Classification: Straight Bourbon
Company: Garrison Brothers Distillery
Distillery: Garrison Brothers Distillery
Release Date: 2021 (Ongoing)
Age: 3 Years
Mashbill: 74% Corn, 15% Wheat, 11% Malted Barley
Color: Dark Chestnut
Price: $75 (2022)
Garrison Brothers Distillery is located in Hye, Texas which is about an hour’s drive west of Austin, Texas. The distillery was founded in 2005, making them the first and oldest whiskey distillery in Texas. The distillery was founded by Dan Garrison, who had left a position in software marketing to follow his dream. With help from friends, family, and the late Dave Pickerell, Garrison Brothers Distillery overcame challenges specific to Texas. This includes aging whiskey in the state’s dry heat, which tends to draw the whiskey out of the barrels much faster than usual, resulting in a lot lost to leaky barrels and evaporation. Distillery operations are headed by master distiller Donnis Todd, and according to the company’s website the distillery is owned by the Garrison family and a few friends. Their first bourbon, called “Young Gun,” was released in 2010, which, according to the company, was the first whiskey ever legally made in Texas.
In 2018, Garrison Brothers formed a nonprofit called Good Bourbon for a Good Cause, to raise money to renovate the Balmorhea State Park. Along with the assistance of other organizations, the park was renovated between 2018-2021. Now, according to the organization, “funds from Good Bourbon for a Good Cause are distributed to charitable organizations primarily, but not exclusively, in Blanco and Gillespie counties of Texas and also to charitable organizations that serve current and former American military personnel.”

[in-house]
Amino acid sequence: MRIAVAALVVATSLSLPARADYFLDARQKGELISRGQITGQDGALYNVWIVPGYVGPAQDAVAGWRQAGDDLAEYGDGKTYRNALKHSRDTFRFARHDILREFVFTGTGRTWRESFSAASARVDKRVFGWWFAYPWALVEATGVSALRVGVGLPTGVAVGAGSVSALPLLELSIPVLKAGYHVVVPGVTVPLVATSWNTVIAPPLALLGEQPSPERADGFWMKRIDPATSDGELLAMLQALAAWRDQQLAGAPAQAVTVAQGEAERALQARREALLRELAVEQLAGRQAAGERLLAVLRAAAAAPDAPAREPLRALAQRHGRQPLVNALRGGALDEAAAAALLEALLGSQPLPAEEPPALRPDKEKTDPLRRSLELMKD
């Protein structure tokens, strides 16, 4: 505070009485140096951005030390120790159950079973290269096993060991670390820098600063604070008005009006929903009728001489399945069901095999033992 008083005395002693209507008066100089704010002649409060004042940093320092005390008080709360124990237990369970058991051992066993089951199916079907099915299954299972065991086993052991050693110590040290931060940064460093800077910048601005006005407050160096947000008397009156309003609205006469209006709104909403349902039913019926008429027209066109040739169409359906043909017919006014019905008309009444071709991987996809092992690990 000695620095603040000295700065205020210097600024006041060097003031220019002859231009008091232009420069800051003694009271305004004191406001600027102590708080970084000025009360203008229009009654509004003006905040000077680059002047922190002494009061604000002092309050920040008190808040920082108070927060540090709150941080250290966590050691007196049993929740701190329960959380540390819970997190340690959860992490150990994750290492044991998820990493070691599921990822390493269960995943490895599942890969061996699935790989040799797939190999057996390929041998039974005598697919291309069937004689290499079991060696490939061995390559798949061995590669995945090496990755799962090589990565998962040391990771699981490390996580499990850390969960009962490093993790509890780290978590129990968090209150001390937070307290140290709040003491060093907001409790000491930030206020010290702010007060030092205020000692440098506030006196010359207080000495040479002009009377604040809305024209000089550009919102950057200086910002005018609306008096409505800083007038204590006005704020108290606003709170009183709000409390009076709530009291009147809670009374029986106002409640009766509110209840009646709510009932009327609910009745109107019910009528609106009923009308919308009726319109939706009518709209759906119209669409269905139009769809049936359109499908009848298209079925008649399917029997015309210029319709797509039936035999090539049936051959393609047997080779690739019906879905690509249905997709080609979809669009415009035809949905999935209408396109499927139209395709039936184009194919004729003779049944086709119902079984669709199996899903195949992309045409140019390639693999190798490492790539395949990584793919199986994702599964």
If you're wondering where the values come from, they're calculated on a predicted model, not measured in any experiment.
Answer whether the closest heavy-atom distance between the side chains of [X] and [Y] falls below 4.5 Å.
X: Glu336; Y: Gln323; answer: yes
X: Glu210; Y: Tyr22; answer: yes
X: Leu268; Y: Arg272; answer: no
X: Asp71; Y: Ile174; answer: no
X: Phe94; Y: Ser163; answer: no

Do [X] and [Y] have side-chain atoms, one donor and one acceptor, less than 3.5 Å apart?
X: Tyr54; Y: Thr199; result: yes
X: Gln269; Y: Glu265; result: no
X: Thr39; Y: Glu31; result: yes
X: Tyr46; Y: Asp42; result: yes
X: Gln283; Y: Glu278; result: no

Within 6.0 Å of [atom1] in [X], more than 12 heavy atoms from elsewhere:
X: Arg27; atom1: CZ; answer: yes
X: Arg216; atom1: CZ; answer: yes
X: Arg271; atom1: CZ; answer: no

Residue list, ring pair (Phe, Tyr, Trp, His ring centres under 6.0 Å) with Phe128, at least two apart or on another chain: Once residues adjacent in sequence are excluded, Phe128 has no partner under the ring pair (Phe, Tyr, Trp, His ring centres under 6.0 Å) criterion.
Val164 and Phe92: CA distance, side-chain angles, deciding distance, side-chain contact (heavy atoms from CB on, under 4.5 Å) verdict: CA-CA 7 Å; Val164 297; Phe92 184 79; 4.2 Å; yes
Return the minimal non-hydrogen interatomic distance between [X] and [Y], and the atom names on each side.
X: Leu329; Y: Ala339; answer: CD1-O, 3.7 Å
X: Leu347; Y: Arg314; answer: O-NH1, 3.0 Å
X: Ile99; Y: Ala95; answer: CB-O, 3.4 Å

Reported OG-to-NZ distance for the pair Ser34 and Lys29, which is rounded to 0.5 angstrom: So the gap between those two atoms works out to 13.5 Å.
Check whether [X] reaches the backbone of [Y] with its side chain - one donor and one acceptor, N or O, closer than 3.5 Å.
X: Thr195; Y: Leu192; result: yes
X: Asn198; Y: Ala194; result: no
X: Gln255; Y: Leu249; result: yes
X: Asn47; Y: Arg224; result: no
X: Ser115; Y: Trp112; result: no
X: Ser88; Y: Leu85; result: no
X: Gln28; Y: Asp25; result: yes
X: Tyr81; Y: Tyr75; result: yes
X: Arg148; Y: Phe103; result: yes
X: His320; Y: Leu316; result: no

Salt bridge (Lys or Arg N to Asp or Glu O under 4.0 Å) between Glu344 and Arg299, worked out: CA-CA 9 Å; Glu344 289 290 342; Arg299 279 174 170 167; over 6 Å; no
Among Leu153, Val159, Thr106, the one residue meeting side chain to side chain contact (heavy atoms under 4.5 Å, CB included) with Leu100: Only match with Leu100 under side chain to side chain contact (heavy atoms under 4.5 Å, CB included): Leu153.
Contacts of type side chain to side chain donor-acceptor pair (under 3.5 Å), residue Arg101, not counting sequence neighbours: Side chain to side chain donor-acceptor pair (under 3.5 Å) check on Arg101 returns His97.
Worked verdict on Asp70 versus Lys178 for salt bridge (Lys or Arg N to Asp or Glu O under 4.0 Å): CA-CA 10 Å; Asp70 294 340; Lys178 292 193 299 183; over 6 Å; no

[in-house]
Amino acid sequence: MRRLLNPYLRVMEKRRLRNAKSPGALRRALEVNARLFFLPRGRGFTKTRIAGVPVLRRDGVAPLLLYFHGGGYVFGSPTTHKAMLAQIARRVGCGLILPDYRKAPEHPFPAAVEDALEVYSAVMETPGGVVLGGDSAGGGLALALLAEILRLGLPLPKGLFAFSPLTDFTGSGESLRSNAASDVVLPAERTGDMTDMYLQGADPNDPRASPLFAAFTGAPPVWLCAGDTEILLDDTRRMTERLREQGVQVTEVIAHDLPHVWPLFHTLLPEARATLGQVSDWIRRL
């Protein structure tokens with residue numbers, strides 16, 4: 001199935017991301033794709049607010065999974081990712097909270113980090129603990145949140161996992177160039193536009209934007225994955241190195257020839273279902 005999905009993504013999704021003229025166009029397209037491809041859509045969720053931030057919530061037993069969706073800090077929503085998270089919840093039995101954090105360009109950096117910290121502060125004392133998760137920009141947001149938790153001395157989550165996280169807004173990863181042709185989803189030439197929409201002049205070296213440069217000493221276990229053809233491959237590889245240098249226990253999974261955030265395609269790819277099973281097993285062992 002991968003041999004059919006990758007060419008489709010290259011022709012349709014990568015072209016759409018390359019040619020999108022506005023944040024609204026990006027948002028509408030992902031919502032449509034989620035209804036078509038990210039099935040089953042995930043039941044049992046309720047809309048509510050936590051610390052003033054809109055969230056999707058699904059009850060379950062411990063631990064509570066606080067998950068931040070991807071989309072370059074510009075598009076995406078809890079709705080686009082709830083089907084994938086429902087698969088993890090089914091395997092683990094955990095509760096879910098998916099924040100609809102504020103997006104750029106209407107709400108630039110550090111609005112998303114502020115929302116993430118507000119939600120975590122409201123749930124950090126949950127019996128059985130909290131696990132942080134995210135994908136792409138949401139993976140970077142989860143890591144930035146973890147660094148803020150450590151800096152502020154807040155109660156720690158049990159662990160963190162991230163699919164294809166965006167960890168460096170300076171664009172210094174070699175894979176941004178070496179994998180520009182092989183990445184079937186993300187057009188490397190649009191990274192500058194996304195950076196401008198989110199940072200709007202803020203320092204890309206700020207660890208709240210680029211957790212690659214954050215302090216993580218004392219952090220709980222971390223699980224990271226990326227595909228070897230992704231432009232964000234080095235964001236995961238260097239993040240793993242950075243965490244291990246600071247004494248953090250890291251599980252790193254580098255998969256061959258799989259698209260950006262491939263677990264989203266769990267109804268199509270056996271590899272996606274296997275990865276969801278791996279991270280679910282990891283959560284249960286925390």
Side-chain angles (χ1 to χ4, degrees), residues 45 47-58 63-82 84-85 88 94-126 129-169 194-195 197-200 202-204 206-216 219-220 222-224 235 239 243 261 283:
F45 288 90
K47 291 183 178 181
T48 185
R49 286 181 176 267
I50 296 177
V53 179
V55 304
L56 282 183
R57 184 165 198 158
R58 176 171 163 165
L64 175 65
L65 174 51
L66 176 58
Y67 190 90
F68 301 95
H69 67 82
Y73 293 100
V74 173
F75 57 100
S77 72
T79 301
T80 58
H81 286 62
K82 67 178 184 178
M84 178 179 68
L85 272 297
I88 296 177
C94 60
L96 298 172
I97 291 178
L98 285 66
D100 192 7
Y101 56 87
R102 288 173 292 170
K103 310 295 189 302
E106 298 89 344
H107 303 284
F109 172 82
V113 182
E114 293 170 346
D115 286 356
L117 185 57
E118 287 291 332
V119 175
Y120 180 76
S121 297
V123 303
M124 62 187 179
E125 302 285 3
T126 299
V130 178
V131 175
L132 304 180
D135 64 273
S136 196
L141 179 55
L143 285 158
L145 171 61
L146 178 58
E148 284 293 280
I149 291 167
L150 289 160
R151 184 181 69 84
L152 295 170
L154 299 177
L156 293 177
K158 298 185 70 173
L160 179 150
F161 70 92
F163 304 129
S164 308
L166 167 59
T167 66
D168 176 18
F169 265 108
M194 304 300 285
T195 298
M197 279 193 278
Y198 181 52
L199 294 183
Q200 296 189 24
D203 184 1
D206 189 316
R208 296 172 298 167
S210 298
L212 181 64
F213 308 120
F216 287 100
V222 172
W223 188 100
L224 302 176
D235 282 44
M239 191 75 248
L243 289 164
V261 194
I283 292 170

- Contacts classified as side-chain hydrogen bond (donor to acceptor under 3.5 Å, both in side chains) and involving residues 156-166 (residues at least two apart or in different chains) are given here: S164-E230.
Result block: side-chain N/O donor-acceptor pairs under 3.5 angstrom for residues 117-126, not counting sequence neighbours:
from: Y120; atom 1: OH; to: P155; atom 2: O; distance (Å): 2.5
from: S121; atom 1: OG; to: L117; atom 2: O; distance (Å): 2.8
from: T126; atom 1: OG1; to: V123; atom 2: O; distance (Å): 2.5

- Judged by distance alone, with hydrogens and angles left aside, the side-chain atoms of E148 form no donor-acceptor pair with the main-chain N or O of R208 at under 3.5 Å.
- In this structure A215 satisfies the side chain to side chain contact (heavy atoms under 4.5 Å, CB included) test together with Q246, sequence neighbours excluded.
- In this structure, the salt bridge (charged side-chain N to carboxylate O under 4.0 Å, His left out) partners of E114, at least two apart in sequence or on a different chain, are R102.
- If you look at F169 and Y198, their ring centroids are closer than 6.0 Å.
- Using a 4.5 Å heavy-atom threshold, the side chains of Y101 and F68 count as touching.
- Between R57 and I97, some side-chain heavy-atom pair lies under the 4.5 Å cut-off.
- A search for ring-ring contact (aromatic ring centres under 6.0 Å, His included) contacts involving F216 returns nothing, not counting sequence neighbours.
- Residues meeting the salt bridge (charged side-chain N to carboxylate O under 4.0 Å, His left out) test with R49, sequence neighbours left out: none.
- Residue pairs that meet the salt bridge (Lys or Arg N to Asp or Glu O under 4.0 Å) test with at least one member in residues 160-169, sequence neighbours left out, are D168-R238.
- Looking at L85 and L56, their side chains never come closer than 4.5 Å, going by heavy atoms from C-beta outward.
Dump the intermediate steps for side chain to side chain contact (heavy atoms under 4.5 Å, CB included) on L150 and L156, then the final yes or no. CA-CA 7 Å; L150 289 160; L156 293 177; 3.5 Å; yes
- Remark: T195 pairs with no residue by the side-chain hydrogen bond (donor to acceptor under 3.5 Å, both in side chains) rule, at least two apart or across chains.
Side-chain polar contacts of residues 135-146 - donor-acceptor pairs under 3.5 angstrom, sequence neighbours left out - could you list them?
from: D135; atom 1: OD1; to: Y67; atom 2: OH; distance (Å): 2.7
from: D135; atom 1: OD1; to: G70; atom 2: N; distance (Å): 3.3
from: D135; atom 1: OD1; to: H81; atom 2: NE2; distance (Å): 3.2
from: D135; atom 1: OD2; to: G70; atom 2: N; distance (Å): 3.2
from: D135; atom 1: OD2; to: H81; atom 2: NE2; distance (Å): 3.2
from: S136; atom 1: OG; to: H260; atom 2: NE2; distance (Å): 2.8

Small Batch Texas Bourbon is batched and released annually. The bottle in review is from the 2021 batch, bottle number 66323.
A robust array of scents made up of tobacco leaf, barrel char, and raw sugar cane hits with ferocity. Hints of ginger root and Coca-Cola follow, with a light intensity. The aroma suggests a unique, assertive bourbon lies ahead, one that could be exciting or off-putting depending on how it plays out. This makes for an interesting, memorable nose that will get your attention.